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Tribal chairman gives South Dakota lawmakers history lesson

January 13, 2022 GMT
Darwin Bernard sings and plays the drum before the State of the Tribes address at the South Dakota Capitol in Pierre, S.D., Thursday, Jan. 13, 2022. (AP Photo/Stephen Groves)
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Darwin Bernard sings and plays the drum before the State of the Tribes address at the South Dakota Capitol in Pierre, S.D., Thursday, Jan. 13, 2022. (AP Photo/Stephen Groves)
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Darwin Bernard sings and plays the drum before the State of the Tribes address at the South Dakota Capitol in Pierre, S.D., Thursday, Jan. 13, 2022. (AP Photo/Stephen Groves)

PIERRE, S.D. (AP) — The chairman of the Sisseton Wahpeton Oyate offered South Dakota’s Legislature a history lesson on Thursday during the annual State of the Tribes address, as he emphasized tribal sovereignty and government-to-government relations.

Chairman Delbert Hopkins Jr. entered the House chamber to a beating drum, Dakota songs and with an honor guard of tribal veterans. After leading the chamber in a moment of silence for the people who have died from COVID-19, he reminded lawmakers that treaties between the U.S. government and tribal nations have always been a part of the country’s history, starting with George Washington and the Constitution.

“In the state of South Dakota Admissions Act, the people of South Dakota promised that they would never lay claim to Indian lands as a condition of becoming a state,” Hopkins told the Legislature.

State and tribal governments have long had an uneasy relationship in South Dakota, and the annual State of the Tribes address, which is delivered by one of the nine tribal leaders in the state, is meant to foster cooperation. Hopkins named several areas where the state and tribes could work together better, including education, economic development and law enforcement.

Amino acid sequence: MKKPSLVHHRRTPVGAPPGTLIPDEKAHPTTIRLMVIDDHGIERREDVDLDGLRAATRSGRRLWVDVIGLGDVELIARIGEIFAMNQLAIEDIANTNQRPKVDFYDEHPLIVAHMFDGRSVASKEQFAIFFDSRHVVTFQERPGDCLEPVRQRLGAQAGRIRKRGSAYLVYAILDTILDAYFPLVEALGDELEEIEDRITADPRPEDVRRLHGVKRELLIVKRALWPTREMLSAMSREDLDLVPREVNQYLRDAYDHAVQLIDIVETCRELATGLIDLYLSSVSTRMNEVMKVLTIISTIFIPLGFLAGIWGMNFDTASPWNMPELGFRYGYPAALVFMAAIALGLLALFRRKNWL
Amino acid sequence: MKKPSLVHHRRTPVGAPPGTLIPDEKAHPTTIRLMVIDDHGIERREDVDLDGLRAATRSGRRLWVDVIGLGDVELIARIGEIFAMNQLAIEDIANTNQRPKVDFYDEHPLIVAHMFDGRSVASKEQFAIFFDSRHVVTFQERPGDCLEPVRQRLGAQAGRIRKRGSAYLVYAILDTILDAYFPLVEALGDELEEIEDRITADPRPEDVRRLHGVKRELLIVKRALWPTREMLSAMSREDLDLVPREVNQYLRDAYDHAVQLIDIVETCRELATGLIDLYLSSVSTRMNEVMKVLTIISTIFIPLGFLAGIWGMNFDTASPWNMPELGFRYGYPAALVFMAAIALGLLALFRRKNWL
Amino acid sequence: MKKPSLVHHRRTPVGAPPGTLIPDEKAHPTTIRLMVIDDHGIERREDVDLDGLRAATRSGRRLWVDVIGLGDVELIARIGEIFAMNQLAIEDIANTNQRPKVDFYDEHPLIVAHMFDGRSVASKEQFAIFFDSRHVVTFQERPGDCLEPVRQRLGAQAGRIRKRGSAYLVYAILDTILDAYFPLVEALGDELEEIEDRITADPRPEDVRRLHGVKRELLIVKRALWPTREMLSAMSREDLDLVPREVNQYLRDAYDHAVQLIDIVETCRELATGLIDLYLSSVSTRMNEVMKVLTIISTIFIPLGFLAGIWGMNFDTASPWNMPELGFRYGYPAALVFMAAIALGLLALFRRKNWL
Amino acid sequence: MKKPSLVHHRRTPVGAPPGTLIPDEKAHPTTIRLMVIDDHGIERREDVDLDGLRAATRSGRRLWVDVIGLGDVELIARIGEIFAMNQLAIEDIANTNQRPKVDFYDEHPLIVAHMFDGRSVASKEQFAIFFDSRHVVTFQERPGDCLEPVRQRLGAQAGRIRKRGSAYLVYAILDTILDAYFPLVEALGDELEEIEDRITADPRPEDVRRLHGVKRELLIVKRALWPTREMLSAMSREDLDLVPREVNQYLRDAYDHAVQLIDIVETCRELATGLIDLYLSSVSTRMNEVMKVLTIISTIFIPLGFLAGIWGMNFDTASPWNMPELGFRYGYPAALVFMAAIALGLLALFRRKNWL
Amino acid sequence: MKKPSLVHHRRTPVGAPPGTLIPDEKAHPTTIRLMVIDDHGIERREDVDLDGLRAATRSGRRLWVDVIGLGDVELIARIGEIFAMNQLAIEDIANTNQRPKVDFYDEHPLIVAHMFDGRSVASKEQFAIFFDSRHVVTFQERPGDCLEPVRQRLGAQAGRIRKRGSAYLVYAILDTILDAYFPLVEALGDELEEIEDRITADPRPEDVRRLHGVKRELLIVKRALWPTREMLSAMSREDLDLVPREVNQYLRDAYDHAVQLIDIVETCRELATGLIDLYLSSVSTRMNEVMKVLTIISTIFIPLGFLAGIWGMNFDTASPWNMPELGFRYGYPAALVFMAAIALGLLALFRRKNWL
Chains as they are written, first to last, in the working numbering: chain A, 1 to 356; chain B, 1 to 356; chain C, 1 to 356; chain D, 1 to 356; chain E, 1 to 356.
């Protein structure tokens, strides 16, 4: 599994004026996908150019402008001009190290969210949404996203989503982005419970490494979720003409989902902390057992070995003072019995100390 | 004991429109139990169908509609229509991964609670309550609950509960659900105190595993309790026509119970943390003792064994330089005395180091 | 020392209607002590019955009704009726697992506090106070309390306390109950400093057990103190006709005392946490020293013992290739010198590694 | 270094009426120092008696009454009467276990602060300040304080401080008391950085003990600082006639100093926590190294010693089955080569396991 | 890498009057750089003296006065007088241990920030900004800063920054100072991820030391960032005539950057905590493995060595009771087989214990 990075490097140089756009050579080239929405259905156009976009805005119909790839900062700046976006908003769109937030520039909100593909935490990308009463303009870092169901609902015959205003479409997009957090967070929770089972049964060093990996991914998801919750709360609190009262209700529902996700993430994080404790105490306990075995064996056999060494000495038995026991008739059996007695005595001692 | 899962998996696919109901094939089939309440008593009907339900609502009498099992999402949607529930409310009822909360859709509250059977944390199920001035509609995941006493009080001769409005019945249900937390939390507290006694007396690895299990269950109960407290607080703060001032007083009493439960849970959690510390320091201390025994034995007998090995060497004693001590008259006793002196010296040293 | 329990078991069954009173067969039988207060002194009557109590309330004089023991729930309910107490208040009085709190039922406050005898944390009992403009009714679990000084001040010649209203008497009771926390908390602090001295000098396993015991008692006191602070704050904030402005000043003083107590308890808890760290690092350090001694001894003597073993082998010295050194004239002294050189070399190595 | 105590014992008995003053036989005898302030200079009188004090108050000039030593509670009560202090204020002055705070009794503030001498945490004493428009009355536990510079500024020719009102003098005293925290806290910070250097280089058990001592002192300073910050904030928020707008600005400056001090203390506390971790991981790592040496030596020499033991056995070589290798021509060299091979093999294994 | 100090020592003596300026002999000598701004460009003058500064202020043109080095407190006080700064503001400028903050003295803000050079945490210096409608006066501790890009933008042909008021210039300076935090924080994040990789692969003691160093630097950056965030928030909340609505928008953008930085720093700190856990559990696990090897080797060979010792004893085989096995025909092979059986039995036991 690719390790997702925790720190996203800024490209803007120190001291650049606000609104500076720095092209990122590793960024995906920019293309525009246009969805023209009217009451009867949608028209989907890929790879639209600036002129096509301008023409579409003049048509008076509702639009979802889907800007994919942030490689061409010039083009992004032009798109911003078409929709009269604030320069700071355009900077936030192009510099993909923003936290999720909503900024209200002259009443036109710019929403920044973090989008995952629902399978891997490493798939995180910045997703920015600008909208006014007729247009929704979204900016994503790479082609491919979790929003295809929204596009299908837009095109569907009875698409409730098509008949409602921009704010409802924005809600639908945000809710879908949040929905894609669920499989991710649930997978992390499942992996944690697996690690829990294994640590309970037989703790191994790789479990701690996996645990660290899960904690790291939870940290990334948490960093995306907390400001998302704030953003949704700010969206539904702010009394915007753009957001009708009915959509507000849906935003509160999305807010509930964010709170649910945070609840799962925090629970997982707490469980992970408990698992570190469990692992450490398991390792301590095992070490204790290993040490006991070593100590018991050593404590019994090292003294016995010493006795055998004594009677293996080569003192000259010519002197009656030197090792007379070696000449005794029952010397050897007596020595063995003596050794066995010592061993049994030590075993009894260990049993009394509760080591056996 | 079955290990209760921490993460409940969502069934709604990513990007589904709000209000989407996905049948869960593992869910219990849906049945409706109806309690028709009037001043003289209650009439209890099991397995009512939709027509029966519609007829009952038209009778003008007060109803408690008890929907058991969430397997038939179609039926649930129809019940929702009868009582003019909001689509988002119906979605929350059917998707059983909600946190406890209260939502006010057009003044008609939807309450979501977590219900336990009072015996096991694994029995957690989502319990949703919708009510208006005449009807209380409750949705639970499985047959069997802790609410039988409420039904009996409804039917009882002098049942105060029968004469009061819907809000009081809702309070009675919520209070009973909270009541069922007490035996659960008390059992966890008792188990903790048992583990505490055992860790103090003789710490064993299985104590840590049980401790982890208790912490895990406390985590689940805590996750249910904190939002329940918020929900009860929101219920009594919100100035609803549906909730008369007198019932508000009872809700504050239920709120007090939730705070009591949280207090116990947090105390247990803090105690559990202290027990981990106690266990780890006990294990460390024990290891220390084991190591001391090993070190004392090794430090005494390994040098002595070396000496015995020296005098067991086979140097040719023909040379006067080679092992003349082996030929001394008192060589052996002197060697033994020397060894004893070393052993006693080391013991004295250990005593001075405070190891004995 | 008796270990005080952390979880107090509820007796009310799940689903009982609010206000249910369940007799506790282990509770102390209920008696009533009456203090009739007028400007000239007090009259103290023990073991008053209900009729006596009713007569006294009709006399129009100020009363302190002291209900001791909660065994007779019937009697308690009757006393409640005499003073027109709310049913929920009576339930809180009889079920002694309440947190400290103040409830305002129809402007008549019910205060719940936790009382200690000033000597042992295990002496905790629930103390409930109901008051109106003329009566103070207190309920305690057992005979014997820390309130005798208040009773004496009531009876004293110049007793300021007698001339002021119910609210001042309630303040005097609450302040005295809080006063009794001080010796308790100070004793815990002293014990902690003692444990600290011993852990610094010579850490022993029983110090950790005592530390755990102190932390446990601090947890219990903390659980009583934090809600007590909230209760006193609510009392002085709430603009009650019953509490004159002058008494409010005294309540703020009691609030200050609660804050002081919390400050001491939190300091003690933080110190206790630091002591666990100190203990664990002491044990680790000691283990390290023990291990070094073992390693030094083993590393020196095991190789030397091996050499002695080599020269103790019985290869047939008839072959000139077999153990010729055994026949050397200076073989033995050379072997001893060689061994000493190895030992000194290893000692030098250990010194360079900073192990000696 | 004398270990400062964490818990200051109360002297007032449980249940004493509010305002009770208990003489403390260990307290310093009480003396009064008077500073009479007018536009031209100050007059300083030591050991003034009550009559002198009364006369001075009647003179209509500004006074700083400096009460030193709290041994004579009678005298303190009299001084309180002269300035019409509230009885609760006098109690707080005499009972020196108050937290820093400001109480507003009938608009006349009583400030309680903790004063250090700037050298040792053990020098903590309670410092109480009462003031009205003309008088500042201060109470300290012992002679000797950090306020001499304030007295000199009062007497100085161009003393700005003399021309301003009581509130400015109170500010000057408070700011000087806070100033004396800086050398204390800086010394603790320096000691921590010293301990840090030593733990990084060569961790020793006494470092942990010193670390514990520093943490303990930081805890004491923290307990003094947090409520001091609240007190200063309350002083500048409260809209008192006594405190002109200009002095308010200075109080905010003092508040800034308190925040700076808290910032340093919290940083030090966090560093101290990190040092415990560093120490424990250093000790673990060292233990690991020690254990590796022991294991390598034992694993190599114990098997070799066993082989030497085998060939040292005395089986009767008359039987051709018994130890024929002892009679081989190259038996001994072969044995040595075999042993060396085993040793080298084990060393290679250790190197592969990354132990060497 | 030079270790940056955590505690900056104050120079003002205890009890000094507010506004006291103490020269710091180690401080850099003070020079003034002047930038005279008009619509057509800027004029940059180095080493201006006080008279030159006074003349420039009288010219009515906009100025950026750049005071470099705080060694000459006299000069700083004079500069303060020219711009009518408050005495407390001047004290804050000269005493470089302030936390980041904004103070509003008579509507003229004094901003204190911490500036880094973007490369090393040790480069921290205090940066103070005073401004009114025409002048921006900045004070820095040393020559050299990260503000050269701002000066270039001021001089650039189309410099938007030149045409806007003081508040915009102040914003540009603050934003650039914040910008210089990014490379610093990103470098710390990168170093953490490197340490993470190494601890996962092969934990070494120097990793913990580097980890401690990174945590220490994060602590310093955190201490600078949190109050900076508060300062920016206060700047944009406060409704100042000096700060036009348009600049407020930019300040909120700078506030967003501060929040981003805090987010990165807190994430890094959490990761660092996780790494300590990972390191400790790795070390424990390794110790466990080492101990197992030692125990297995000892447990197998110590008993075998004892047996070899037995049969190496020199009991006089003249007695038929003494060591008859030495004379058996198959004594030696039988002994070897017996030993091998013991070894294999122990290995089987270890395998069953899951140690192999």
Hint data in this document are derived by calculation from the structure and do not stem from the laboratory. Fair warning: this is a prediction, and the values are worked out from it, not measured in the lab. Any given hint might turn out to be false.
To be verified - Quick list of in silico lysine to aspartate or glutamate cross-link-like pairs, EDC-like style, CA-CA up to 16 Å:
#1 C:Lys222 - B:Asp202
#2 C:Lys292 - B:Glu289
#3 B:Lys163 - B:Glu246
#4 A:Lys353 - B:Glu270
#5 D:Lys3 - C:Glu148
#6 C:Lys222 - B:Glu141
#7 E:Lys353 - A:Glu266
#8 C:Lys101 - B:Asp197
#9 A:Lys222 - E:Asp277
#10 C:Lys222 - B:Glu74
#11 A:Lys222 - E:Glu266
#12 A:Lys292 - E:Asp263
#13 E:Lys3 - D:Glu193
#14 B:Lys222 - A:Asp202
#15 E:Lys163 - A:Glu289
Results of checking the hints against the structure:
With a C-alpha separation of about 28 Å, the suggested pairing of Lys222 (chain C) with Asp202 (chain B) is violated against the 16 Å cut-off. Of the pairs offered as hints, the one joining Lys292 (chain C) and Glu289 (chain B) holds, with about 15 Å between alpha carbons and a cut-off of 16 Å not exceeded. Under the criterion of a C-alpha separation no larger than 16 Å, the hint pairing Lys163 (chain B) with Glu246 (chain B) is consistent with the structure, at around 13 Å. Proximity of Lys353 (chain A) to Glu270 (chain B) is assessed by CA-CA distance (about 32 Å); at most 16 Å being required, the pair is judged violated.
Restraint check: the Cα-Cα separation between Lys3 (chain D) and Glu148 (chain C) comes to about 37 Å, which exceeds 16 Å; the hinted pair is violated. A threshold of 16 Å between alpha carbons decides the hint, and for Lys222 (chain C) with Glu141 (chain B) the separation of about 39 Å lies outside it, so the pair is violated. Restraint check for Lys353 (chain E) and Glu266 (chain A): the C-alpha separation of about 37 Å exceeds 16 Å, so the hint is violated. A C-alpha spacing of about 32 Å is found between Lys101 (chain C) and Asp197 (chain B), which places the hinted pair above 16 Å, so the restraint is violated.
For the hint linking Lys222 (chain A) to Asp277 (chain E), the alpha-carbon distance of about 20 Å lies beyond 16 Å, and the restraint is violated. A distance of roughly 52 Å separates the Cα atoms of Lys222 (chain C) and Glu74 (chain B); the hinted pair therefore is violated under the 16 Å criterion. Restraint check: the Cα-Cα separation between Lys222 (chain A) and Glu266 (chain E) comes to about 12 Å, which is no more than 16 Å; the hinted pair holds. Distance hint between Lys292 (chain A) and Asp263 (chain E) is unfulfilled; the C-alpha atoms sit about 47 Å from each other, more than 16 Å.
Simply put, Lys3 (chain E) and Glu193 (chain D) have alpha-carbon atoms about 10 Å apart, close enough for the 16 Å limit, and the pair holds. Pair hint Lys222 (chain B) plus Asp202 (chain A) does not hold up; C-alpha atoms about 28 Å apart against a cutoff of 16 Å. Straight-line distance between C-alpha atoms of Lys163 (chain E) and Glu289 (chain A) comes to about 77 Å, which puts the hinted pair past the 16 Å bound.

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But he also made sure to remind lawmakers that they owed even the state’s name to the tribes.

“Having adopted Dakota as the state’s name, public schools should teach about our history and culture of our Dakota Oyate and our Oceti Sakowin Seven Council Fires,” Hopkins said, referring to the tribes that are based in the state.

“That’s not critical race, that’s history of humanity,” he added, taking a jab at Republican Gov. Kristi Noem, who has prioritized banning so-called “Critical Race Theory” from public school classrooms this year.

Noem has acknowledged that Native American history is an essential part of the state’s history that should be taught. But last year, the state government faced protests by some Native American educators after the Department of Education removed more than a dozen references to Oceti Sakowin culture and history from a social studies standards proposal. Under pressure from Indigenous groups as well as fellow conservatives, Noem relaunched the standards review process.

Peri Pourier, a Democratic representative who is a member of the Oglala Lakota tribe, slammed the governor for not attending the event.

“Showing up to South Dakota’s own State of the Tribe’s Address would have been an essential part of repairing tribal relations for Governor Noem,” she said in a statement.

Hopkins drew a direct line from the abuses of Indian boarding schools that removed children from their families and stamped out Native languages to the problems plaguing reservations today, including high unemployment, aging school buildings and drug addiction.

“For decades, the poorest counties in America have always been our Sioux Reservations,” Hopkins said, as he advocated for economic development such as tourism.

Hopkins ended with a renewed call for cooperation, saying that the state and tribes could “accomplish great things with mutual respect and understanding.”